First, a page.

Tuesday, 20 February 2007

Lichtenberg

I've just come across the aphorisms of Georg Christophe Lichtenberg.
http://en.wikipedia.org/wiki/Georg_Christoph_Lichtenberg

I am fond of aphorisms, in their compressed way they shine a thin focussed beam that cuts into the inconscient. They have a high specific gravity; they are the gold of speech.

In the old city of Jerusalem you may see a man carrying 23 chairs on his back or a large fridge. In Paris as told in 'The Piano Shop on the Left Bank'(by T.E.Carhart) you can hire a man who will carry a grand piano up the stairs of a courtyard apartment. There are the steps, there is the harness, there is the grand piano, you must find that perfect point of balance then swing and move. For this service there is an acolyte who guides the nose of the piano and prevents the swing of it from unbalancing the porter.

All that prose. Poetry has a stronger back. I can understand how Shankara wrote most of his Upadesa Sahasri in verse because its constraints force one to get past the normal cliches that spring effortlessy.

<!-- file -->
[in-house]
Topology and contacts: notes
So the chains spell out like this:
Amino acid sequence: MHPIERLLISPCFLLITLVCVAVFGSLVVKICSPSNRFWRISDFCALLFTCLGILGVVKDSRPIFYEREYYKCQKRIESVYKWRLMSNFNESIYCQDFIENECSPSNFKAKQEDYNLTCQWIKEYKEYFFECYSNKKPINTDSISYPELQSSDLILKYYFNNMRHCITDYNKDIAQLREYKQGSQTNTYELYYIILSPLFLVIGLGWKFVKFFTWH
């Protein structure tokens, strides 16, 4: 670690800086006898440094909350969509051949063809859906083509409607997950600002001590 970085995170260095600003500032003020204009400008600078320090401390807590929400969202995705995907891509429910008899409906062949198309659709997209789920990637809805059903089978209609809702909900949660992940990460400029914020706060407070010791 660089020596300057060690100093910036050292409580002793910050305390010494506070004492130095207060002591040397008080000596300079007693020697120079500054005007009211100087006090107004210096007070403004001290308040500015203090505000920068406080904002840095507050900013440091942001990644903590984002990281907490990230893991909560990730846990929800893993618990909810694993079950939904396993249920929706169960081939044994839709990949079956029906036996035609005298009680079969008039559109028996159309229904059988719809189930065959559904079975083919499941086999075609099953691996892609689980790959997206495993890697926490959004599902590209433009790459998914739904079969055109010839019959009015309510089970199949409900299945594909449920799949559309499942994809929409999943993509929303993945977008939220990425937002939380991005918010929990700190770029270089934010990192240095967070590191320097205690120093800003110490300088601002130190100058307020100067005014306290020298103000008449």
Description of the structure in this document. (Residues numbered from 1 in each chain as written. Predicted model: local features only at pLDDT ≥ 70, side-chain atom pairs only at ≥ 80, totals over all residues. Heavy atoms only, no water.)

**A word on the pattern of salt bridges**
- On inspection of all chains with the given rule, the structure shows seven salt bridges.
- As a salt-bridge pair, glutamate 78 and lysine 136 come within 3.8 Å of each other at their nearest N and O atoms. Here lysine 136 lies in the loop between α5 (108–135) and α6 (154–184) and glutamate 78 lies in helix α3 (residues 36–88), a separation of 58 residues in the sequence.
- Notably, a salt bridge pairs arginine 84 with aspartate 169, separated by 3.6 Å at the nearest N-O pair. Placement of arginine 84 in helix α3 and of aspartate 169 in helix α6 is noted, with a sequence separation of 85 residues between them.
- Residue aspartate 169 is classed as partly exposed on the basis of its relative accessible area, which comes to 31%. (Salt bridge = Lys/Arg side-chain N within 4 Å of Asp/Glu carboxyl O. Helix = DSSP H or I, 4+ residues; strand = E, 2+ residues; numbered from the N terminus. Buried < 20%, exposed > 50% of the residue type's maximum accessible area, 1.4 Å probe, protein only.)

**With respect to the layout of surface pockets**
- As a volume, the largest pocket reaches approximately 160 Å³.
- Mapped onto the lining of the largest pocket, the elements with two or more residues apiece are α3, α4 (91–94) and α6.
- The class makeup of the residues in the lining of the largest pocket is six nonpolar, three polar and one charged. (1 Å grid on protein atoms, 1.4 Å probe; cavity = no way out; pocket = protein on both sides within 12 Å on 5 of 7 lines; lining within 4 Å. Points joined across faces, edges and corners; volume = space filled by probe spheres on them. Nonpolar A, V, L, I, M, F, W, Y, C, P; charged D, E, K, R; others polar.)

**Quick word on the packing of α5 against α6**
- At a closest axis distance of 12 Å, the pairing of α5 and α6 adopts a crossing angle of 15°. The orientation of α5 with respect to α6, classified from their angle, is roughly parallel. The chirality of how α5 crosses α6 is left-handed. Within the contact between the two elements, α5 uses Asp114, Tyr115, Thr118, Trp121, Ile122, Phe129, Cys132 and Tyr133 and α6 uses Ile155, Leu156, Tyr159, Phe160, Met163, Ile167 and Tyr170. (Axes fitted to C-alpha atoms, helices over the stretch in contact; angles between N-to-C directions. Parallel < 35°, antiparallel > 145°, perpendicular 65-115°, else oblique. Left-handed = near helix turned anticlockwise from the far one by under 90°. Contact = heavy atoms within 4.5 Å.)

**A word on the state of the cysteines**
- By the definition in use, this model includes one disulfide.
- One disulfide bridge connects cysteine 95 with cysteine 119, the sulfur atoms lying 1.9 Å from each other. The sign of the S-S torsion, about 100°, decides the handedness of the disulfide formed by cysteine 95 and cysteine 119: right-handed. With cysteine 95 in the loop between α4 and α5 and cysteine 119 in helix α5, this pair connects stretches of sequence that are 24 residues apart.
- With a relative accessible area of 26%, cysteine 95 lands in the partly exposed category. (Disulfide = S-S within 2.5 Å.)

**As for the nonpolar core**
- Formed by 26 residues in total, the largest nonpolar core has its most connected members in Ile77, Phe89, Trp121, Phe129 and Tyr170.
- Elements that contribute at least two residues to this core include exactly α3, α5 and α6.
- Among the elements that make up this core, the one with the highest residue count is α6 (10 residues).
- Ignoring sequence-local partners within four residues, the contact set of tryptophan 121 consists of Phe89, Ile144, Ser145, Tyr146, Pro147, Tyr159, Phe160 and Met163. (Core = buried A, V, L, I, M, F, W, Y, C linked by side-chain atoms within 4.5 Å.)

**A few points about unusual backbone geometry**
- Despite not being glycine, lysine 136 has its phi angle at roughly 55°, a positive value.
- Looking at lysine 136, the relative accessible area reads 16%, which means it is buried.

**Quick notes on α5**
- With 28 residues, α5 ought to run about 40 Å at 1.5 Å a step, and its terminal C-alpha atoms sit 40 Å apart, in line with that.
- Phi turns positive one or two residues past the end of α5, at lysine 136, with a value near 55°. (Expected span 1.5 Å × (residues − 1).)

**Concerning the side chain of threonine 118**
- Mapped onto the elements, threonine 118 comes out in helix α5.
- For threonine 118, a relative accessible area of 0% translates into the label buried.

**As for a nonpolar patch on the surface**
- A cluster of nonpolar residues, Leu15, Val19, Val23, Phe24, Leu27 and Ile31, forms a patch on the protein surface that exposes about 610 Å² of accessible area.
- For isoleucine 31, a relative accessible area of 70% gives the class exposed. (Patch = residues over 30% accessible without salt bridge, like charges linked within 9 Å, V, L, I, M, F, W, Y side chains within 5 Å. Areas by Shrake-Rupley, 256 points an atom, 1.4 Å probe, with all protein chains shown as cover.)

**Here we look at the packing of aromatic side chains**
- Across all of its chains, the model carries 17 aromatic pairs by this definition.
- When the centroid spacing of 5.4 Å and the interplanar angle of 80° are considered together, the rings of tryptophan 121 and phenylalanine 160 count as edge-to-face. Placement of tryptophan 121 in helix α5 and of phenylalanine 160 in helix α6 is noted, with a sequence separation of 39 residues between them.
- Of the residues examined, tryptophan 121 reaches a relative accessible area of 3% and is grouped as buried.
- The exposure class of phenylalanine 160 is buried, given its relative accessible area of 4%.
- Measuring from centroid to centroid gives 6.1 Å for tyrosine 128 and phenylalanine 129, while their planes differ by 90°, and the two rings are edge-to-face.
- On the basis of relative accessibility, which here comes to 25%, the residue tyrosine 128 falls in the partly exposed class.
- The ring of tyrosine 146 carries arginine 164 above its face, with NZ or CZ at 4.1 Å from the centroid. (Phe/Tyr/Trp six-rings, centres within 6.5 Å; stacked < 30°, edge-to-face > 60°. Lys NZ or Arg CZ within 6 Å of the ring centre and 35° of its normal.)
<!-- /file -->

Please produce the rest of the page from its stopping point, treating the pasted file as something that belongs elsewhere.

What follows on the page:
"A book is a mirror: if an ape looks into it an apostle is hardly likely to look out. We have no words for speaking of wisdom to the stupid. He who understands the wise is wise already."
(Lichtenberg from Notebook E 49: 1775 1776)

Wednesday, 10 January 2007

Wisdom

Is there such a thing as wisdom. Could someone be so connatural with wisdom that everything they do and say has that virtue.
"But in all such matters that which appears to the good man is thought to be really so." (i.e. that which appears good to him) Aristotle,'Nichomachean Ethics' Bk.10.chap.V.

Wisdom and Truth can often be connatural with persons who know nothing of abstruse philosophy and ethical theory. The only explanation is that they are it. A Nisargadatta or a Ramakrishna is more impressive than a hyper educated Brahmin but of course 'it' can land anywhere.

From War and Peace:
"Oh, well, of course, folks are different. One man lives for his own wants and nothing else, like Mituh, he only thinks of filling his belly, but Fokanitch, is a righteous man. He lives for his soul. He does not forget God."
"How thinks of God? How does he live for his soul?" Levin almost shouted.
"Why, to be sure, in truth, in God's way. Folks are different. Take you now, you wouldn't wrong a man ......"
"Yes, yes, good-bye!" said Levin, breathless with excitement, and turning round he took his stick and walked quickly away towards home. At the peasant's words that Fokanitch lived for his soul, in truth, in God's way, undefined but significant ideas seemed to burst out as though they had been locked up, and all striving towards one goal, they thronged whirling through his head, blinding him with their light.